To say that things were awkward after the wedding, would be a massive understatement.
I could barely be in the same room with John anymore. I felt like I was nineteen again, trying so desperately to avoid him and to forget the feelings I had, and at the same time, trying not to appear as though I was doing either one.
Just like back then, every day that went by, I tried to move passed those traitorous feelings but would only succeed in having them grow stronger. Only now, my guilt grew right along with them, thinking about what a poor excuse for a wife I was.
Beyond all the conflicting feelings, I was utterly confused. How could I even be having these feelings toward John when I still loved Andrew with all my heart and mourned his loss every single day?
I suppose it had to do with the fact that I was lonely. It had been eight months since I learned of Andrew's death. He was gone nearly four months before that. And after almost twenty years of marriage, I guess it wasn't that far-fetched that I was feeling lonely.
Still, I couldn't ignore that this was almost exactly the way things happened before, nor could I forget the disastrous way it all turned out. I wouldn't let that happen again.
Even while I was helping out at the ranch, it was fairly easy to avoid John during the week. He worked so much and since Emily finished school, she'd taken over helping Mrs. Abbot with meals. I could eat an early lunch most days, claiming I had other things to do and keeping out of sight entirely when the men were around.
It was days like today that were the hardest. Before I even moved back in with Julia and Daniel, we had started the tradition of having a big family day on Sundays. Everyone would come over after church and stay through dinner.
The past few Sundays had been very taxing. I couldn't avoid the table the way I could at the ranch. And it wasn't that big of a house. There were only so many rooms I could excuse myself to without being obvious to the fact that I was avoiding someone. Having to keep coming up with excuses to leave whenever John entered a room was becoming tiring. Not to mention, I was running out of plausible excuses.
But it was almost painful to be in the same room with him. Those old feelings along with all the fresh guilt would bombard me, making it difficult to focus on anything. Inevitably we would make eye contact and I could tell that he was experiencing at least some of the things I was. Which made it even harder.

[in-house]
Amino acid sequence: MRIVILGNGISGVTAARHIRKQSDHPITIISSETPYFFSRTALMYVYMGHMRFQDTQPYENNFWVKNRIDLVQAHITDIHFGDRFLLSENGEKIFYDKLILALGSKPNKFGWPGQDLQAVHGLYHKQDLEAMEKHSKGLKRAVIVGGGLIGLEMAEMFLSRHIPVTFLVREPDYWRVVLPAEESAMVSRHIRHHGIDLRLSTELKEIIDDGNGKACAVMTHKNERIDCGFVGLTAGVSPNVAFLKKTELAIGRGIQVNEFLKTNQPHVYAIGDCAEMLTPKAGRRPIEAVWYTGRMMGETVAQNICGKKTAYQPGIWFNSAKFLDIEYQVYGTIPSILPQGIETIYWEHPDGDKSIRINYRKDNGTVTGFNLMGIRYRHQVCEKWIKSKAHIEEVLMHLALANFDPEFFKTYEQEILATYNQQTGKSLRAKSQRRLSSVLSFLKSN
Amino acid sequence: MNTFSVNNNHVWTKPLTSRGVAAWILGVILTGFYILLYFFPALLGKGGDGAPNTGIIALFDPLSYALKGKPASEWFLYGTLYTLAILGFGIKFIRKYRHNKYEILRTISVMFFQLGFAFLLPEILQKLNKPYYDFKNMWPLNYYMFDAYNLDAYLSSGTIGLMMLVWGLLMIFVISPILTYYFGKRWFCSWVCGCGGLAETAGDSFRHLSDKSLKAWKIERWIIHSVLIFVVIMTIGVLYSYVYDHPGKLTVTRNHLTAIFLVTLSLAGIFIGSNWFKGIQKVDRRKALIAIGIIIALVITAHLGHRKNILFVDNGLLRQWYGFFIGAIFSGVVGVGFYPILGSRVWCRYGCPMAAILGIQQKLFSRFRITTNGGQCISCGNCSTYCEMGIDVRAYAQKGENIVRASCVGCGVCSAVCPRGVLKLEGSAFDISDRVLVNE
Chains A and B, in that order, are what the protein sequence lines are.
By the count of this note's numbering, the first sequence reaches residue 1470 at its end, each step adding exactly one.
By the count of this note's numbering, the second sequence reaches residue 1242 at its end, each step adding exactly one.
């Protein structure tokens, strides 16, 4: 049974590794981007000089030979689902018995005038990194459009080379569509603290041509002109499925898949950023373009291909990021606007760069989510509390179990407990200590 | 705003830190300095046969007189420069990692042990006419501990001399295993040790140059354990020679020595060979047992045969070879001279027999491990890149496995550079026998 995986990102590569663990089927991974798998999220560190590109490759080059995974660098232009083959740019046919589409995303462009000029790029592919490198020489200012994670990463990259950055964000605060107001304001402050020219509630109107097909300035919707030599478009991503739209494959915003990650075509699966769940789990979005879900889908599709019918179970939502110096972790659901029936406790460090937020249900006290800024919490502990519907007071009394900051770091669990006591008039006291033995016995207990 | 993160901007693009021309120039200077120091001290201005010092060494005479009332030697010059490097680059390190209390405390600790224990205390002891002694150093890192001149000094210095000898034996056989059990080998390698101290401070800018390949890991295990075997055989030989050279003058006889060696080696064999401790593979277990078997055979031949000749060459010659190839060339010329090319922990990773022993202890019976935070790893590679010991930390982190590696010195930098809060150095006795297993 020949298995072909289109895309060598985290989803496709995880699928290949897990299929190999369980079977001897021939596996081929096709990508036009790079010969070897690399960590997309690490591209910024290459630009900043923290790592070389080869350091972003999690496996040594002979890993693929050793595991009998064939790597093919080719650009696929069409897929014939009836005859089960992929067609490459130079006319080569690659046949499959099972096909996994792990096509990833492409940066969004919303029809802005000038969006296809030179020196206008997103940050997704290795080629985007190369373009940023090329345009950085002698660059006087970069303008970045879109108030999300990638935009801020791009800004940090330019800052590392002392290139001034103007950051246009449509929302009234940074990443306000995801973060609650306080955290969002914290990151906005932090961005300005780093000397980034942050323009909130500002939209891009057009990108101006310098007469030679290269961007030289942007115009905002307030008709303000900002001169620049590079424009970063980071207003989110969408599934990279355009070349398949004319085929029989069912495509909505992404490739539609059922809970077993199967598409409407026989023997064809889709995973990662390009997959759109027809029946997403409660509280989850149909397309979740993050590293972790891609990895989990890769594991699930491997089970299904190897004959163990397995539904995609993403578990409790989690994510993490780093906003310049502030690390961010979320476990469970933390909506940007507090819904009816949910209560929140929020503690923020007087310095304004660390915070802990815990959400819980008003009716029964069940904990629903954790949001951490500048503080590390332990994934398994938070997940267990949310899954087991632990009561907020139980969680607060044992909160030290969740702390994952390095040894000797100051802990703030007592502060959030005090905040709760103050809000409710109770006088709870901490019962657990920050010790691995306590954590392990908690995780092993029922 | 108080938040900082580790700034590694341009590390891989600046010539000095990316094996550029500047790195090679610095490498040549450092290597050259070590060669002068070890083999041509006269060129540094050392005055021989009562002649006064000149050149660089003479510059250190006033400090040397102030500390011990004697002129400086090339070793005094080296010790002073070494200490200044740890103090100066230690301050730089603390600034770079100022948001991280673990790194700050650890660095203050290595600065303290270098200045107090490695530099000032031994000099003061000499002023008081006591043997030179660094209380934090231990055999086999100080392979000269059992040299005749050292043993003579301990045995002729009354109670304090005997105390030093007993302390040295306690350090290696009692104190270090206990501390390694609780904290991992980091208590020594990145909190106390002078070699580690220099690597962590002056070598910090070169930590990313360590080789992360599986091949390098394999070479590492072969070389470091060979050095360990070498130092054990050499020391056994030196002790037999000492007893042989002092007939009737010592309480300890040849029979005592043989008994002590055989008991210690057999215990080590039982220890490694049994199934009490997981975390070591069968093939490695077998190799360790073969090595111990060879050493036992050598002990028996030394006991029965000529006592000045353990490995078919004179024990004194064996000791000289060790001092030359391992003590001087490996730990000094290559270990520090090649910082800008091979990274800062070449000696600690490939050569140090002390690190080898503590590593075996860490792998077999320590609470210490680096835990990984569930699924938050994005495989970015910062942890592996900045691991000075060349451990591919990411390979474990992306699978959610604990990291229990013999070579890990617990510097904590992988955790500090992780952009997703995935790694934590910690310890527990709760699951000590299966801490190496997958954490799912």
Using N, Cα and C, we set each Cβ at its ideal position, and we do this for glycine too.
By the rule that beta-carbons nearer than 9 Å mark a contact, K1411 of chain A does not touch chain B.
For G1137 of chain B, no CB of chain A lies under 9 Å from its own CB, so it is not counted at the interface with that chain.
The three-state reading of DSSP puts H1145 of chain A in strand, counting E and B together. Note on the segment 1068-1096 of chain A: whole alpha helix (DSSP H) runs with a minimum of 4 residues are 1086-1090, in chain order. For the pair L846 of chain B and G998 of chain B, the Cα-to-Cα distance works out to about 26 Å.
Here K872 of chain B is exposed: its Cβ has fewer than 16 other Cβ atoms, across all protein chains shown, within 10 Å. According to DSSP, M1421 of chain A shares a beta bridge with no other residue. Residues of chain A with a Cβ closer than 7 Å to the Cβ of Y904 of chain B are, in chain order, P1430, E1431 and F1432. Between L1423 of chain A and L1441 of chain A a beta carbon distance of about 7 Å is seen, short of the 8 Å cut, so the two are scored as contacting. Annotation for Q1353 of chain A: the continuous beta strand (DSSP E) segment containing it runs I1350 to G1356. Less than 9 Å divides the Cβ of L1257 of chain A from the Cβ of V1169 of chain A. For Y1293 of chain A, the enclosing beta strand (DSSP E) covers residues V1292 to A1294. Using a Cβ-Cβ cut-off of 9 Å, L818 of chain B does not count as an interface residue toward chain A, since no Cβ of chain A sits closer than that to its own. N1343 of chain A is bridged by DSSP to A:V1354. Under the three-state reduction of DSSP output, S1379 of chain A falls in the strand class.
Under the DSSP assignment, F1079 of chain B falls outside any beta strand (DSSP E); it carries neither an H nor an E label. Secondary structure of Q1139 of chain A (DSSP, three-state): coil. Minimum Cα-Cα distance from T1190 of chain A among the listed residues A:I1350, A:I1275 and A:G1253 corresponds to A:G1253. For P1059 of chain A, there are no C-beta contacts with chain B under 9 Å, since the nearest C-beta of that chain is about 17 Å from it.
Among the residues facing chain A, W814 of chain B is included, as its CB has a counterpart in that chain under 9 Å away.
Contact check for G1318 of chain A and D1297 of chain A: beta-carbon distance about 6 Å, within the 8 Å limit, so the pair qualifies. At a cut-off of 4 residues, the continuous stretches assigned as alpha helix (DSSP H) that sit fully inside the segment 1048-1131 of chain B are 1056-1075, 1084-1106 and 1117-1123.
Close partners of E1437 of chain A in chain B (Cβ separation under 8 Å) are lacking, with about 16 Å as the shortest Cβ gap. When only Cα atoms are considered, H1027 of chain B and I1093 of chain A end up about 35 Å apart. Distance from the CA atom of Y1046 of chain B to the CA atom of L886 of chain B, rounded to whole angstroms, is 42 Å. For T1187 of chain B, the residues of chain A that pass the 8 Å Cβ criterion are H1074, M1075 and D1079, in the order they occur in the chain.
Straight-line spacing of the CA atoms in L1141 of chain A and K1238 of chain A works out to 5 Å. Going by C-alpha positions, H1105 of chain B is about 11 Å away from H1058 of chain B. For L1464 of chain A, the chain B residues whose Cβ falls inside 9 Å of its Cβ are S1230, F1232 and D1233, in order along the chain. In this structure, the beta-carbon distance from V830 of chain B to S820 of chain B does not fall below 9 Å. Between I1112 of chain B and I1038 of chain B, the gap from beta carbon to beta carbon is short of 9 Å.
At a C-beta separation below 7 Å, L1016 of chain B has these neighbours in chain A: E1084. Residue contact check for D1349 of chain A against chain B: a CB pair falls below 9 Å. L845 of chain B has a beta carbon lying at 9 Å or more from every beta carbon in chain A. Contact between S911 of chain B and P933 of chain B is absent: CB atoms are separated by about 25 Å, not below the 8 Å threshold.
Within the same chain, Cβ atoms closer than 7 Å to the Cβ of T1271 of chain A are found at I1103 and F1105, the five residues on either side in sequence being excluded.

Luckily the few times during the day that I usually didn't have to think about it, was when I was helping Julia prepare meals.
I allowed the children to play and Emily to relax and talk with Marianne, and so it was just Julia and I in the kitchen, which the men all avoided like the plague for fear that we would ask them to do dishes or some other "woman's" chore.
It was nice having the time alone with her. Especially since I could relax for a little while and not worry about John.
"I think I'll try planting some basil later," I told Julia as I came back into the kitchen admiring the handful of parsley I'd grown in the small planter on the back porch.
"The parsley is coming in nicely and there's plenty for-" I stopped noticing that Julia was no longer alone. John leaned against the counter, looking serious.
"Oh." I stood awkwardly in the doorway for a few seconds, flushing and averting my eyes. I wished I could turn right back around, but it was too late. I had no real reason to leave the room after just arriving. It would only make Julia wonder.
"Go ahead. I don't want to interrupt," I said, knowing that I was acting oddly anyway.
Grateful that I had something to do at the moment, I went to the sink to wash the plants in my hands, wishing that the warmth would recede from my face and neck.
I also wished that it wasn't so dreadfully quiet in this kitchen. Why wasn't Julia talking? She was never this quiet. I was sure they must have been talking before I came back.
When I reluctantly turned around, I caught the unsettling look in John's eyes. I couldn't quite figure out what he was thinking, but it still sent those unwelcome feelings flooding through me.